Time To Tell: The London-Based Watchmaker Supporting Education In Africa

Published 10 months ago

Time is money for London-based luxury watchmaker William Adoasi, and he is now using it to support quality education in sub-Saharan Africa.

William Adoasi grew up in one of the roughest council estates in London and for as long as he could remember, wanted to get out. His parents emigrated from Ghana to the United Kingdom (UK) before Adoasi was born and, being the first of seven children, he saw first-hand the chaos that surrounded his estate in Peckham, South London.

A social housing project built by local authorities to provide shelter and other amenities like schools and shops, council estates in the UK have become notorious as breeding grounds for various social problems over the years.


This prompted two former prime ministers, David Cameron and Tony Blair, to advocate for the redevelopment of these estates citing their propensity to entrench poverty as well as create an environment for criminality to thrive, as the core reasons.

To shield Adoasi from the negative elements of the estate, his parents encouraged his education. Adoasi did well enough in school to secure a scholarship and move into a private boarding school in the midlands, and finally, out of the council estate.

“One day a fight broke out in a rugby game between my team and another team and I heard some of my teammates calling the other team ‘council estate scam’, not knowing that I grew up on a council estate myself. It really shaped the way I am in terms of my drive because there is always a part of me that wants to disprove the myth of a council estate boy who does not amount to anything in life,” says Adoasi.

Initially the drive was simply motivated by his need to create a luxury life far away from the tentacles of poverty that always gripped his childhood. His determination to succeed led him to drop out of university to start a sports academy, with which he made a six-figure income by the age of 19.


“I [ran] that for two years until the government pulled the funding, which meant that it wasn’t viable anymore,” says Adoasi.

After that stint, he worked in London as an insurance broker and recruiter. During this time, he went back to school and finished his education and, very soon, began to think outside the confines of his nine-to-five job for a way to make more money.

He was always interested in watches and by the time he was in the city, Adoasi was making enough money to upgrade his taste to the high-end brands, the likes of Patek Philippe and Audemars Piguet. That was when his light bulb moment happened.

“I wanted to find a middle ground of a watch that was super premium and has a high-end aesthetic, made with high-end materials but with a price point that wasn’t wild… I started speaking to multiple factories and haggling prices down between the factories until I perfected my sample batch,” says Adoasi.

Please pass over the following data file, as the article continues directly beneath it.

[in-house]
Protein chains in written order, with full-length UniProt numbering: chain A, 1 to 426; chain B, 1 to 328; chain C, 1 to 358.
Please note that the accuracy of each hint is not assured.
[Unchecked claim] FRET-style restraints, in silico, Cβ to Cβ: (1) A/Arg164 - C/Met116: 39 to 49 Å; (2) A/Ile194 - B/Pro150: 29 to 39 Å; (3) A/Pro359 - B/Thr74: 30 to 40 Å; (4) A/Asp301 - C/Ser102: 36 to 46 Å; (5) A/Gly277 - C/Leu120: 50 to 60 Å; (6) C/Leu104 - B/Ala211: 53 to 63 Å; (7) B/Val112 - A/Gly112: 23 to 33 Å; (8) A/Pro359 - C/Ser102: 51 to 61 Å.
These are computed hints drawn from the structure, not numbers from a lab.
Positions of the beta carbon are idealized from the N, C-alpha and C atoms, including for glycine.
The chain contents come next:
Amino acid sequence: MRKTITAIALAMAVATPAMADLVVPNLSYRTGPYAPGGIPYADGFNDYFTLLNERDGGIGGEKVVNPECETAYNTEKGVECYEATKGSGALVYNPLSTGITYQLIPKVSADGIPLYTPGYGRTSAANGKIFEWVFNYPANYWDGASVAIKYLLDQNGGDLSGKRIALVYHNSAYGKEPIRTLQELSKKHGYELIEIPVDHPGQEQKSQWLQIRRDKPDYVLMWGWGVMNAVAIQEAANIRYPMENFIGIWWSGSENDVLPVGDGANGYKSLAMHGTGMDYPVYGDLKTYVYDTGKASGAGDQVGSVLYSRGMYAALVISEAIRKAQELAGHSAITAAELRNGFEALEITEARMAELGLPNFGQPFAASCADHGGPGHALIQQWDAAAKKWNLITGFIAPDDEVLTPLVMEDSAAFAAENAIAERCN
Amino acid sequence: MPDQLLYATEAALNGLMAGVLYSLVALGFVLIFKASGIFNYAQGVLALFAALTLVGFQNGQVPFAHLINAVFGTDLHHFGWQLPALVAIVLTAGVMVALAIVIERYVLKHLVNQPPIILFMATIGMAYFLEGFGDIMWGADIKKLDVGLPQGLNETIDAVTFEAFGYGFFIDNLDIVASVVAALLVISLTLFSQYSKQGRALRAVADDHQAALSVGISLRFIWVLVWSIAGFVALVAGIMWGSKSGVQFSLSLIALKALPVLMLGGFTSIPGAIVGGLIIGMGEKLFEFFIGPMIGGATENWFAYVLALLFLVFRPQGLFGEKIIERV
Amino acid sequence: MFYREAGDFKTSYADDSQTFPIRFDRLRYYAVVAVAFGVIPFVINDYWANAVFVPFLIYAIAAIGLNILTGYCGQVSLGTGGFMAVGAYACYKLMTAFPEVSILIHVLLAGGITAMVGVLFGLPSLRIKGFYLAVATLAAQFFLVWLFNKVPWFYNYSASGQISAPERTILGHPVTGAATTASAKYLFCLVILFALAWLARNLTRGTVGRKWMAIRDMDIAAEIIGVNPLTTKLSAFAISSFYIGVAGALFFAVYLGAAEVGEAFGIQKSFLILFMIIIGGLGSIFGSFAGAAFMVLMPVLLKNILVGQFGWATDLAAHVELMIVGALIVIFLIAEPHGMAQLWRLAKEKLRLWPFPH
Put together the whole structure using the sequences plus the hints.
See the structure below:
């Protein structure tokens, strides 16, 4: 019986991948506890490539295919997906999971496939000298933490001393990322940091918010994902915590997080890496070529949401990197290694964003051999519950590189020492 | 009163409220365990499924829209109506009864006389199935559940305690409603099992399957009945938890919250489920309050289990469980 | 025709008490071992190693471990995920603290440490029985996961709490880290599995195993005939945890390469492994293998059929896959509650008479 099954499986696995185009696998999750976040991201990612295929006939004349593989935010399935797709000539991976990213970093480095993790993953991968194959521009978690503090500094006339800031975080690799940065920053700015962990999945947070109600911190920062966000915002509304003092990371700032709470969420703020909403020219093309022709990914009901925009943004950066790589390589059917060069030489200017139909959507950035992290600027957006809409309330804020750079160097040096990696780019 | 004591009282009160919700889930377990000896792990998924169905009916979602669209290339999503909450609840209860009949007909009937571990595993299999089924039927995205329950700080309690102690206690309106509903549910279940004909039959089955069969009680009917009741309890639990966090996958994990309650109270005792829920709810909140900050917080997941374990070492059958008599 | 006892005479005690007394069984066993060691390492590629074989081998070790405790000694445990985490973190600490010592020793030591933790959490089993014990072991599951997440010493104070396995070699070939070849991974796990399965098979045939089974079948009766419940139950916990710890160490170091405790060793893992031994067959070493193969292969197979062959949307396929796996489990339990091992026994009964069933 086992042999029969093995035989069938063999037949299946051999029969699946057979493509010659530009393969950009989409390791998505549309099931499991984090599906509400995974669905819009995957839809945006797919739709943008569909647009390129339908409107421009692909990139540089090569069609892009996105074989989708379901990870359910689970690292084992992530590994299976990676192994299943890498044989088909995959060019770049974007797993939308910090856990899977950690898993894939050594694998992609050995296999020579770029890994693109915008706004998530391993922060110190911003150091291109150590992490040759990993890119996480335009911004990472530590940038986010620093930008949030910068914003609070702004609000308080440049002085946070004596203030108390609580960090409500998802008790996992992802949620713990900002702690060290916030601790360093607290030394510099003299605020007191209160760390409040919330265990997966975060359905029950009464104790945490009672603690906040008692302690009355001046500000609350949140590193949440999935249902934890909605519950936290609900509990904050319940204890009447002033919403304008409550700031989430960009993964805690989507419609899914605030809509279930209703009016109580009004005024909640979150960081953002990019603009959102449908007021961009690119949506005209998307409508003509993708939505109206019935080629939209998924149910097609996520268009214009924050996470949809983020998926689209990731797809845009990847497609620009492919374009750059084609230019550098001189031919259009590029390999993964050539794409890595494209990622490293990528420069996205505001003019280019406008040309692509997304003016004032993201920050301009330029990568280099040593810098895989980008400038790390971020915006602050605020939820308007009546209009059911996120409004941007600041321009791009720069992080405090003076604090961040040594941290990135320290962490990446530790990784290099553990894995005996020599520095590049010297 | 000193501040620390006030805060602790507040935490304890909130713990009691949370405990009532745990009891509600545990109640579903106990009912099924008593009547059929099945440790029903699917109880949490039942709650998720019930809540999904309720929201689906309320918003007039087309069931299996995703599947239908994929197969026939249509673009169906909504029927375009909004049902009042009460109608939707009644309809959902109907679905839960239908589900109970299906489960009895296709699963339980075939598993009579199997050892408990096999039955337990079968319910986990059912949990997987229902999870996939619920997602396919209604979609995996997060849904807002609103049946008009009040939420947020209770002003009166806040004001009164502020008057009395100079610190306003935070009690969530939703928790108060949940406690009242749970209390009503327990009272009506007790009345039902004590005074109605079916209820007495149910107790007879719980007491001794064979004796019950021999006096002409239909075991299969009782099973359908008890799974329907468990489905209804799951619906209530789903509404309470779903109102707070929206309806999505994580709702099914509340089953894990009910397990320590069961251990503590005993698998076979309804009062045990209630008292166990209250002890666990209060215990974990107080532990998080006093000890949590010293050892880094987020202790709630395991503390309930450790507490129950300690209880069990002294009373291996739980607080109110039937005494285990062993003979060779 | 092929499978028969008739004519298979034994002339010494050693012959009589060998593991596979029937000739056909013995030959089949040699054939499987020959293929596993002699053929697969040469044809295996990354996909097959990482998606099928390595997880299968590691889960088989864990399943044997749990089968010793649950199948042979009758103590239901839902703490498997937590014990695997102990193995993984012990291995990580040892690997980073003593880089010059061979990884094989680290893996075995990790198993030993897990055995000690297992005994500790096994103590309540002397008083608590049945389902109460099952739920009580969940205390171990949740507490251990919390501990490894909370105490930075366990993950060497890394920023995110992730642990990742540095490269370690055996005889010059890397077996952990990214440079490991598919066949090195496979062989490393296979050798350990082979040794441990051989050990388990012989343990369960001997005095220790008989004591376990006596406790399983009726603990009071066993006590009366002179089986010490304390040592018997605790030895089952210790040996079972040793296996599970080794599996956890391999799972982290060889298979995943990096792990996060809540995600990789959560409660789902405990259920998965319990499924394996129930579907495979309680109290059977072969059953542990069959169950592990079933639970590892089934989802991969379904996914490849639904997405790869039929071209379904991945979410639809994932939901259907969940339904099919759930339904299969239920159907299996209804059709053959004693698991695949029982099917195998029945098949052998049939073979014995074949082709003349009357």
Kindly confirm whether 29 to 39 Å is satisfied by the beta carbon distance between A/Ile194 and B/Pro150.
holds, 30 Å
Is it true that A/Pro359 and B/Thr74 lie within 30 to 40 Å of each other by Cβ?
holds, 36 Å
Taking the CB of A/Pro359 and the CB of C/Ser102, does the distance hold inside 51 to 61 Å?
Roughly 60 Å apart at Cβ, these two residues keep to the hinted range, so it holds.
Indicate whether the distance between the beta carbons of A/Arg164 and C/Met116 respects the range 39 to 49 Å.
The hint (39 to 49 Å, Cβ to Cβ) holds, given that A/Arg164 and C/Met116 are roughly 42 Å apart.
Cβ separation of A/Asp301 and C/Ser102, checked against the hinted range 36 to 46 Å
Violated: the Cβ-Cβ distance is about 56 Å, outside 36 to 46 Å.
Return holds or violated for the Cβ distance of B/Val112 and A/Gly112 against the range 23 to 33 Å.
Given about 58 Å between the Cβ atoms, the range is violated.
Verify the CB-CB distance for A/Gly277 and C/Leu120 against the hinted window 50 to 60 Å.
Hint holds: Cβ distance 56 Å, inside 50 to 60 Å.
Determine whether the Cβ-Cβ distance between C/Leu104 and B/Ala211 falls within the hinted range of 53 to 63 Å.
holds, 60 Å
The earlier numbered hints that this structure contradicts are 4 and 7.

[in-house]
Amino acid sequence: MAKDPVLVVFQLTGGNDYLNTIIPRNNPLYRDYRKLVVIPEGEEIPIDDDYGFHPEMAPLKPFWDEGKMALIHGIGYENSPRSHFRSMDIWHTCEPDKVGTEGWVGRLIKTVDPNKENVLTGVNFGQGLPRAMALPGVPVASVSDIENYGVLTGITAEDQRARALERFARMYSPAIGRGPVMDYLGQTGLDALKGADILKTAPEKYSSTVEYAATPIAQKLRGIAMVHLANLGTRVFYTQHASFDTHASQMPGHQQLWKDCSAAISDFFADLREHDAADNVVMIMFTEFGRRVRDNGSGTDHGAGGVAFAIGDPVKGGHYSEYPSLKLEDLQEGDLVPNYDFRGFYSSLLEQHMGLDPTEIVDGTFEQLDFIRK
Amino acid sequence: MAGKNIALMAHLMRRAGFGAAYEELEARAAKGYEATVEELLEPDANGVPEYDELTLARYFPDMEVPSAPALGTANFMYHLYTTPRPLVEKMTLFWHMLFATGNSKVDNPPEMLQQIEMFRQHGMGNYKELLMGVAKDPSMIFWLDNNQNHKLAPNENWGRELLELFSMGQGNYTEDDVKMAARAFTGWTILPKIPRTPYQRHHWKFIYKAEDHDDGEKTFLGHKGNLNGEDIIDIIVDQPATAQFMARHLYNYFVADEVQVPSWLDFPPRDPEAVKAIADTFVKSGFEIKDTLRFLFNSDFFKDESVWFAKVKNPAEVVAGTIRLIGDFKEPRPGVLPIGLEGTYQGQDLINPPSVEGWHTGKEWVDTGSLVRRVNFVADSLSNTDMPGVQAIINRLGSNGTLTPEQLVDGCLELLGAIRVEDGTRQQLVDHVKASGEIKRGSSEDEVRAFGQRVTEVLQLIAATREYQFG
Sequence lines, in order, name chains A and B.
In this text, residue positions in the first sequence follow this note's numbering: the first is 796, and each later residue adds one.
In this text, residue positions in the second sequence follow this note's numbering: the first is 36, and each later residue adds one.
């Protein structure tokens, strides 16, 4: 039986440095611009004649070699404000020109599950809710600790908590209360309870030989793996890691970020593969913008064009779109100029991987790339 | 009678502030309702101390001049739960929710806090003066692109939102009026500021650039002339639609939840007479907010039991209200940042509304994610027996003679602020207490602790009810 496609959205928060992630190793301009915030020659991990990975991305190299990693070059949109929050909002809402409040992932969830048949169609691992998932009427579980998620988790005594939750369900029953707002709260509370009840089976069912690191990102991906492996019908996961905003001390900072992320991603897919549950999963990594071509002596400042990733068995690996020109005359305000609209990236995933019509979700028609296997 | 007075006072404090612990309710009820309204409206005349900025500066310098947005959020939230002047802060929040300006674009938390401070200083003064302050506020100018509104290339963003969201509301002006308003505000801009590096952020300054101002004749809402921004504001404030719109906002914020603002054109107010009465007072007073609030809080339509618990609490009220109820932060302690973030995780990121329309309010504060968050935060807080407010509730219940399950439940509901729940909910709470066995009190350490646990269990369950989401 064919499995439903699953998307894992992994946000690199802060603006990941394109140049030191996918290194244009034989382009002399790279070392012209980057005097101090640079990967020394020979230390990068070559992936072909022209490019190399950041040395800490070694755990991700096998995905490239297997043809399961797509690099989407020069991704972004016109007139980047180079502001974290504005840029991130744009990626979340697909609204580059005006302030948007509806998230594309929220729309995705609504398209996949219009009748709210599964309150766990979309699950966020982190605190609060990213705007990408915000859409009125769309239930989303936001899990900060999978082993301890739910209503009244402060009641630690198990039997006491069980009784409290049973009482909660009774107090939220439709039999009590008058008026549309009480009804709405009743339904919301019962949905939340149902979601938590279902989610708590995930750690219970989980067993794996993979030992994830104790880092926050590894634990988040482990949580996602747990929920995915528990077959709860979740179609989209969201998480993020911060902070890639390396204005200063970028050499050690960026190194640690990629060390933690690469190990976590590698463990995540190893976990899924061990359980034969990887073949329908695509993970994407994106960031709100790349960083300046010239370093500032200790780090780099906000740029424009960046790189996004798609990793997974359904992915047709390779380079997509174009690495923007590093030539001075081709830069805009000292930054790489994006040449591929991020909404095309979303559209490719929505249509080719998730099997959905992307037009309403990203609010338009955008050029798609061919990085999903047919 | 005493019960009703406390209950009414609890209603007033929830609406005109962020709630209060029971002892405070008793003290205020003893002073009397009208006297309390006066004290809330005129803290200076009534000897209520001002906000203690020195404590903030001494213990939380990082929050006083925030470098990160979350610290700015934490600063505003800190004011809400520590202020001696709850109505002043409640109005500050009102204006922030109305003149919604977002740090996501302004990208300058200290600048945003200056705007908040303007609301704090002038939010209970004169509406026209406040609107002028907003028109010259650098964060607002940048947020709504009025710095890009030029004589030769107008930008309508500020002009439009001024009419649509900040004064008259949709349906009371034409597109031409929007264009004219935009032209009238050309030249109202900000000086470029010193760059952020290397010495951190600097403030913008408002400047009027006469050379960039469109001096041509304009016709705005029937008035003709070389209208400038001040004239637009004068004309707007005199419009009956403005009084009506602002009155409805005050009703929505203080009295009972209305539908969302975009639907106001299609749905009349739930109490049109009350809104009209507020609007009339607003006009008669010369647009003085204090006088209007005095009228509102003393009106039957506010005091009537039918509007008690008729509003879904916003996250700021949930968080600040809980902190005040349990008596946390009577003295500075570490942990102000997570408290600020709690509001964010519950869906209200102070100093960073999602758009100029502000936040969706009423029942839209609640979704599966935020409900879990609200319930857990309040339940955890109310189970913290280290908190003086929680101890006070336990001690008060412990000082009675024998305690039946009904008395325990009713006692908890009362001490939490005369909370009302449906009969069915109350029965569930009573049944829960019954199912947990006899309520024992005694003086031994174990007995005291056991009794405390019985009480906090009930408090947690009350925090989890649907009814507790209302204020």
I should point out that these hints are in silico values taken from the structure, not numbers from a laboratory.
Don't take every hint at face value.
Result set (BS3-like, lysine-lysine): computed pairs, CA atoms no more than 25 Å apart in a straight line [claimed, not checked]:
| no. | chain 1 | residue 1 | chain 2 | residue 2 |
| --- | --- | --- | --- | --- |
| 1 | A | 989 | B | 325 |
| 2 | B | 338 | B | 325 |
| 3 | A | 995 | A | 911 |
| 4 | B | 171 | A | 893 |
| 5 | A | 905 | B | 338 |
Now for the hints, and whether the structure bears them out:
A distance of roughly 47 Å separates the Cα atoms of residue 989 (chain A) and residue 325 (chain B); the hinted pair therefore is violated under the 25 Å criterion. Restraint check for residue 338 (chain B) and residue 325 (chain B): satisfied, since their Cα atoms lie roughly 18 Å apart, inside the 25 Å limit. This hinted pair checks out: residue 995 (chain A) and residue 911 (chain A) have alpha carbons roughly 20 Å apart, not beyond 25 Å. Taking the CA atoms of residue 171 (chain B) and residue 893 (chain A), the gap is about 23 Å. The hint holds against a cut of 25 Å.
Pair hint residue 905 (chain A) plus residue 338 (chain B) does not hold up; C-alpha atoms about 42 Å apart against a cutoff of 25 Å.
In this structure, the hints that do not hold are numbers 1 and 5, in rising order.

At the age of 26, he quit his job and became the founder and lead designer of Vitae London.

“I felt that working in the city was a drain on me and that I had to do something with a bigger purpose where I wake up everyday and my motivation was not just money. Vitae means ‘lives’ in Latin. Our mantra from the get-go was to be the watch brand changing lives,” says Adoasi.

After launching the brand, Vitae London got shortlisted by Richard Branson to receive a startup loan of £20,000

(approximately $25,000 today) out of 10,000 applicants. To date, the brand has raised a total of $190,000 from the likes of US-based venture capital firm, Backstage Capital and, with that, total sales revenue to date is around £1.3 million ($1.6 million).


Adoasi has also kept his promise – 10% of everything the company makes goes back to empower children in sub-Saharan Africa to receive quality education. Through a partnership with charity organization, House of Wells, he has supported over 10,000 children with school uniforms and finance.

Vitae London is also currently stocked in leading US retailers, Macy’s and Nordstrom. The partnership with billionaire mogul Branson also helped attract other celebrities to the brand.

As Adoasi reflects, two things stand out for him.

“Firstly, entrepreneurship is about creating something much bigger than yourself… Secondly, money is a great motivator but if it is the only reason you get out of bed, then you have an unfulfilled life.”His next milestone is to be able to go to his parents and tell them they no longer need to work, and from the looks of things, time is on his side